A growing body of evidence supports the use of fractals to approximate the heterogeneous structure of soil. Fractal models of transport processes in soil indicate that the fractal dimension and the upper limit to fractal scaling (denoted ξ) determine flow rates and scaling properties. A two-dimensional Monte Carlo simulation of soil aggregation is used to identify the key processes which may lead to fractal-like scaling in the soil matrix. A bonding law is developed which parameterizes the relative importance of chemical bonding to binding by microbial by-products and fungi. We investigate the sensitivity of the fractal dimension and ξ to the nature of the bonding law, and to aggregate fragmentation, initial particle size distribution and mechanical restructuring. Fractal-like structures result from the aggregation process. However, the measured fractal dimension is insensitive to the detailed form of the bonding law. The factor that most sensitively influences the fractal dimension is found to be mechanical restructuring such as would arise from the action of roots, soil fauna and natural weathering. By contrast, ξ is most sensitive to the bonding law. The results suggest that the fractal dimension and characteristic diameter of aggregates should be uncorrelated, and that increased binding by microbial by-products and fungi should produce larger, less dense, aggregates.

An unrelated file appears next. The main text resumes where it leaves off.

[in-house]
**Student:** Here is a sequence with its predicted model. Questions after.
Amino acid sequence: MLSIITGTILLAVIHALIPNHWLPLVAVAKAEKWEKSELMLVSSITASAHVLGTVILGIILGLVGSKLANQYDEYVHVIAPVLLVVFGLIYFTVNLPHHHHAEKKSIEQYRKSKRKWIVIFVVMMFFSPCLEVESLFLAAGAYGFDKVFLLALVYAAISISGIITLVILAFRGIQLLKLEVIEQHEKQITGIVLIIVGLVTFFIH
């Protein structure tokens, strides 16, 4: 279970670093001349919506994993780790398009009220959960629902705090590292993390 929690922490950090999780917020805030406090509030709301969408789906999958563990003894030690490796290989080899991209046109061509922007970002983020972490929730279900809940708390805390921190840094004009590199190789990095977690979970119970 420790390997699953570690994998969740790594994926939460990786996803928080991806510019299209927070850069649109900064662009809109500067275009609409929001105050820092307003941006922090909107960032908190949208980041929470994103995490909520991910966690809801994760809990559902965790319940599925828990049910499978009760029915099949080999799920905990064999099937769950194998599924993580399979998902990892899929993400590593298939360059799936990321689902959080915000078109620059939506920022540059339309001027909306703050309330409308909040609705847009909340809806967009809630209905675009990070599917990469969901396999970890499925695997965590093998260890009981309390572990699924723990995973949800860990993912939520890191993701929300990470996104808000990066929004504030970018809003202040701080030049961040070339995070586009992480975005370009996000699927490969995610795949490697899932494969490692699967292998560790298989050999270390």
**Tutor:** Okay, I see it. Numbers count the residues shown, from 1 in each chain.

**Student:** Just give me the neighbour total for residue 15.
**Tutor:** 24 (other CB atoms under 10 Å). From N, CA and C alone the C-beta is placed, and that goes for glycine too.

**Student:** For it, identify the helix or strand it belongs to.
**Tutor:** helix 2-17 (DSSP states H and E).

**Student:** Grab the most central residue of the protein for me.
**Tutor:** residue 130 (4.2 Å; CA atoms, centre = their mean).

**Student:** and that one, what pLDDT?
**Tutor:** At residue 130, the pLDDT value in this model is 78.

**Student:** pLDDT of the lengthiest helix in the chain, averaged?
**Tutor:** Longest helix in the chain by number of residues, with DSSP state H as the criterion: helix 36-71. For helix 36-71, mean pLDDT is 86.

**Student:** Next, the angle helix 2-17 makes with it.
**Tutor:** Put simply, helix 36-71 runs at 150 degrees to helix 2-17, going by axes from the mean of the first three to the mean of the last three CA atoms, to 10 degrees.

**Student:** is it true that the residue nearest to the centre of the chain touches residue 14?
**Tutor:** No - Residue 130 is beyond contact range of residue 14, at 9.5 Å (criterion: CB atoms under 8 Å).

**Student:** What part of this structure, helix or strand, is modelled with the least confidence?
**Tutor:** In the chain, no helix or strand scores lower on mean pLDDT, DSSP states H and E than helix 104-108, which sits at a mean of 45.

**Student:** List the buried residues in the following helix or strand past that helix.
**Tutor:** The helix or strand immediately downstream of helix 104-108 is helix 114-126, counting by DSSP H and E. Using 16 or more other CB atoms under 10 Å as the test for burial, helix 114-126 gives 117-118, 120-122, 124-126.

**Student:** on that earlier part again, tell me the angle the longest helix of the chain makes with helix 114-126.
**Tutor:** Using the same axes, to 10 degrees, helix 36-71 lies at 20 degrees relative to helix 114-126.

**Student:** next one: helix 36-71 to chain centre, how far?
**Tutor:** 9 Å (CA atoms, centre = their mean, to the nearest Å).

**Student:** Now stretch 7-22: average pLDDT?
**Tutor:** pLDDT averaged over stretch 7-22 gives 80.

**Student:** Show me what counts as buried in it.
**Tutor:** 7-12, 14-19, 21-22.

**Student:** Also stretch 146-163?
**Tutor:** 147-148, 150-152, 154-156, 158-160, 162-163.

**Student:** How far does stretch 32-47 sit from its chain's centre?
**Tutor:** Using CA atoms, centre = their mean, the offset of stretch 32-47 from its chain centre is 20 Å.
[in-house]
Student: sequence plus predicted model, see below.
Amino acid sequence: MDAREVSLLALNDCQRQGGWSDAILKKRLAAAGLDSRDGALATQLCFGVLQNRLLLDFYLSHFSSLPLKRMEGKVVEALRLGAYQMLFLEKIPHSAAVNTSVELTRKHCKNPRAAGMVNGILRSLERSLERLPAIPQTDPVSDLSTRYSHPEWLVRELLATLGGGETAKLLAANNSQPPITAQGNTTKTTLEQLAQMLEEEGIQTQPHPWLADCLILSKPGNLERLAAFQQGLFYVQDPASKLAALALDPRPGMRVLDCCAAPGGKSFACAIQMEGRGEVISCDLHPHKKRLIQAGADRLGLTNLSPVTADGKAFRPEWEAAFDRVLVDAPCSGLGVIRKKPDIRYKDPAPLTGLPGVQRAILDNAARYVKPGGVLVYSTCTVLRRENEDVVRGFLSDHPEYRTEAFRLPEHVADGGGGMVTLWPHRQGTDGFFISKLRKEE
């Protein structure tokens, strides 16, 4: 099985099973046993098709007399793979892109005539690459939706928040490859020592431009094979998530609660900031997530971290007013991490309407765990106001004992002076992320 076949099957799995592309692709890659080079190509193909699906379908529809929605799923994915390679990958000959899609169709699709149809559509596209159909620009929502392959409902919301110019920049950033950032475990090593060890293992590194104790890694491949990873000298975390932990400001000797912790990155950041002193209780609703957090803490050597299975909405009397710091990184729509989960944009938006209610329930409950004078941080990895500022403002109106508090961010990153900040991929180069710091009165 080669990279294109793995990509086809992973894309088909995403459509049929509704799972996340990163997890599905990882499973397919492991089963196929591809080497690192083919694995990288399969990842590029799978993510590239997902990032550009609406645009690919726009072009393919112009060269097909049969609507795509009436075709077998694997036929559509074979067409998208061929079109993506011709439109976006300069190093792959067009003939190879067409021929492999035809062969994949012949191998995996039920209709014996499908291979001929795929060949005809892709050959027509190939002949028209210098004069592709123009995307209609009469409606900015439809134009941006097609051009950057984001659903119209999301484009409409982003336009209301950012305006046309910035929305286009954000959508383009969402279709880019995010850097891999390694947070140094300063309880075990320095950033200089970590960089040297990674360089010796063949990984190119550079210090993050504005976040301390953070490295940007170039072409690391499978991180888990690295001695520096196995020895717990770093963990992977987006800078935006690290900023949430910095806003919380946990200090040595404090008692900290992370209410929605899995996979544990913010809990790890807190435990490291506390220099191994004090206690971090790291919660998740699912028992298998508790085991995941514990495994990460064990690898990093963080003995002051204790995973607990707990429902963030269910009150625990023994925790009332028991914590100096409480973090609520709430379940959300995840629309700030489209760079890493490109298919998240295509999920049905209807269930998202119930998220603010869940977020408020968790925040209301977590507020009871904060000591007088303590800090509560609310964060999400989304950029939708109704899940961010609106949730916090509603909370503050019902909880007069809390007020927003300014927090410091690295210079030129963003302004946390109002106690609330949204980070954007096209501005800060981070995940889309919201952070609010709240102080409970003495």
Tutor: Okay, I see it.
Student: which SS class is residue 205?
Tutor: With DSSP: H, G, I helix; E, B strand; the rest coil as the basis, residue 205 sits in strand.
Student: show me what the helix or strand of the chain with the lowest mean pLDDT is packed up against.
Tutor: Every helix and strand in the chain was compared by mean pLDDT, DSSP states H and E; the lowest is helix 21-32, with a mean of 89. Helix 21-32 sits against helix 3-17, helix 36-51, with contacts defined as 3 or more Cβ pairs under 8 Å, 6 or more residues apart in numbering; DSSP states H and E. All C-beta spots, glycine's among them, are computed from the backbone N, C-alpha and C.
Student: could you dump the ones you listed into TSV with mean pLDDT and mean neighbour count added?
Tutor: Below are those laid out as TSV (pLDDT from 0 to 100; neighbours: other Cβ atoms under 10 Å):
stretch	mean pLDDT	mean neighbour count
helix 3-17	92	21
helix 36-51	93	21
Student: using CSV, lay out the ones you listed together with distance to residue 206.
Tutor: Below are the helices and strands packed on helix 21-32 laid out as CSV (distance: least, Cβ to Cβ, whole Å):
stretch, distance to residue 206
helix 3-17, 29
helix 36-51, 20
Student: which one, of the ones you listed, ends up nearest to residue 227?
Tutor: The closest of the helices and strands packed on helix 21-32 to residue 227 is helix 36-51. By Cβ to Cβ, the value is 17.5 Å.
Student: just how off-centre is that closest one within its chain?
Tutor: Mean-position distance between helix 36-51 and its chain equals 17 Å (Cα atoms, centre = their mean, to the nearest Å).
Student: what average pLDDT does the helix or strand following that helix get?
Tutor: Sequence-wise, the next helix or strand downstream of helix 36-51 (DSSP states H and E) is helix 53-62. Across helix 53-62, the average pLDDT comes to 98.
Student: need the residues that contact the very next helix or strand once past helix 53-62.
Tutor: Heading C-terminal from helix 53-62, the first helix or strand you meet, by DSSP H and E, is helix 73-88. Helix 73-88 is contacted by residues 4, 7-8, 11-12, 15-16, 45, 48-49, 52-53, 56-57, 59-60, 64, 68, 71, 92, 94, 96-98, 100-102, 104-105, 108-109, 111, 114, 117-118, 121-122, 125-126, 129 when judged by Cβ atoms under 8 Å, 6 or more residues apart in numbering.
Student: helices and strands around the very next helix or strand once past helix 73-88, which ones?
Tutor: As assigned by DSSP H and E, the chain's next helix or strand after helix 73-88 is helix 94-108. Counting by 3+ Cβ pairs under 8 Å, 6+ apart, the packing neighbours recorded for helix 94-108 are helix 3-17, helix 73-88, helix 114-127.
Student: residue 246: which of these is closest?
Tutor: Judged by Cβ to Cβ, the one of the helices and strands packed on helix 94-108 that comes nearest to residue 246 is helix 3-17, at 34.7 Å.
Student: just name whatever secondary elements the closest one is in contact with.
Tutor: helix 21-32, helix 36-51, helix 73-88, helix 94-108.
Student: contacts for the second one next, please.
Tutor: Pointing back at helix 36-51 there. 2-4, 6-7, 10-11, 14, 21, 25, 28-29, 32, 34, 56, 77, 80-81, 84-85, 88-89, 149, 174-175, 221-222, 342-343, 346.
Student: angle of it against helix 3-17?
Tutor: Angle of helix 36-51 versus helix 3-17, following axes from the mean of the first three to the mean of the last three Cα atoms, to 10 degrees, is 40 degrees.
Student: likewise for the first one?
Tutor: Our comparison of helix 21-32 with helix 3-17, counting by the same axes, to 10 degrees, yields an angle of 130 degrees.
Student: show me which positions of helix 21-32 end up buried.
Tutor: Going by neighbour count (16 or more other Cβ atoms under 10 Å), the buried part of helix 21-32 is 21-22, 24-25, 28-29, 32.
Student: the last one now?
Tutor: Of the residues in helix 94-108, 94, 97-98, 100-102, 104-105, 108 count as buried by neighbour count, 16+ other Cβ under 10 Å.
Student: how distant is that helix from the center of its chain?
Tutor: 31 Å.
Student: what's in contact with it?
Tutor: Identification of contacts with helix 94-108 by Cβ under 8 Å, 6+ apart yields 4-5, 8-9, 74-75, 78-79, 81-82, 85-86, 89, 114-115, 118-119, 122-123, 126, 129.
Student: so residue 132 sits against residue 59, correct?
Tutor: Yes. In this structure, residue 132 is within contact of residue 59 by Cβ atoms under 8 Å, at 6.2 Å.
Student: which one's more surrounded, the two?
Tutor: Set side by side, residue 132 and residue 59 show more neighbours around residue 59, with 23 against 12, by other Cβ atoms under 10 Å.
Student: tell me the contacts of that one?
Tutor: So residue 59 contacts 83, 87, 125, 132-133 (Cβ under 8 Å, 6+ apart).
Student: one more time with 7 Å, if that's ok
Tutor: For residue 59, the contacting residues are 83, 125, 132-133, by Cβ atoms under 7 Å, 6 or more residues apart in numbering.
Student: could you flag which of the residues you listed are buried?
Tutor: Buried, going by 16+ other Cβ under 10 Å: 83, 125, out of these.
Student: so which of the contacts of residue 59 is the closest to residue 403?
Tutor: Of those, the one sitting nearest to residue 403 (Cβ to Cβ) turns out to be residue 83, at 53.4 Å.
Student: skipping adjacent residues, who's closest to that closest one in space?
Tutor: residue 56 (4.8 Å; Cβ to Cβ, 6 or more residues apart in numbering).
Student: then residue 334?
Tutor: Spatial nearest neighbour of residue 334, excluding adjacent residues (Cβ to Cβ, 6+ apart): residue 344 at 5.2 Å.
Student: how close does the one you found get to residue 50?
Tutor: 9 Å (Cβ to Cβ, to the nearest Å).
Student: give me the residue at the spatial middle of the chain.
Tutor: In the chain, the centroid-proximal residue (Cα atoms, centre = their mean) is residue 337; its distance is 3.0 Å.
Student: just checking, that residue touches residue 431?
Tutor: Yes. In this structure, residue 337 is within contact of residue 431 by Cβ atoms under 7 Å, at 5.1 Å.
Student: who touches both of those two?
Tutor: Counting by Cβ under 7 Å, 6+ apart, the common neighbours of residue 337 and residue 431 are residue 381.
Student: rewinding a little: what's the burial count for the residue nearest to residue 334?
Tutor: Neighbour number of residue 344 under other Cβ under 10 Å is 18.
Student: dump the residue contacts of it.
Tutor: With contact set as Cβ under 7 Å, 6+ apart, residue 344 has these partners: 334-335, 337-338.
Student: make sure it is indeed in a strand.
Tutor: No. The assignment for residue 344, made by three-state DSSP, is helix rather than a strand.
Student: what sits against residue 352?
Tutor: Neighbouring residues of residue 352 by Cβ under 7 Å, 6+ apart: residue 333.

|Original language||English (US)|
|Number of pages||8|
|Journal||European Journal of Soil Science|
|State||Published - Jan 1 1997|
ASJC Scopus subject areas
- Soil Science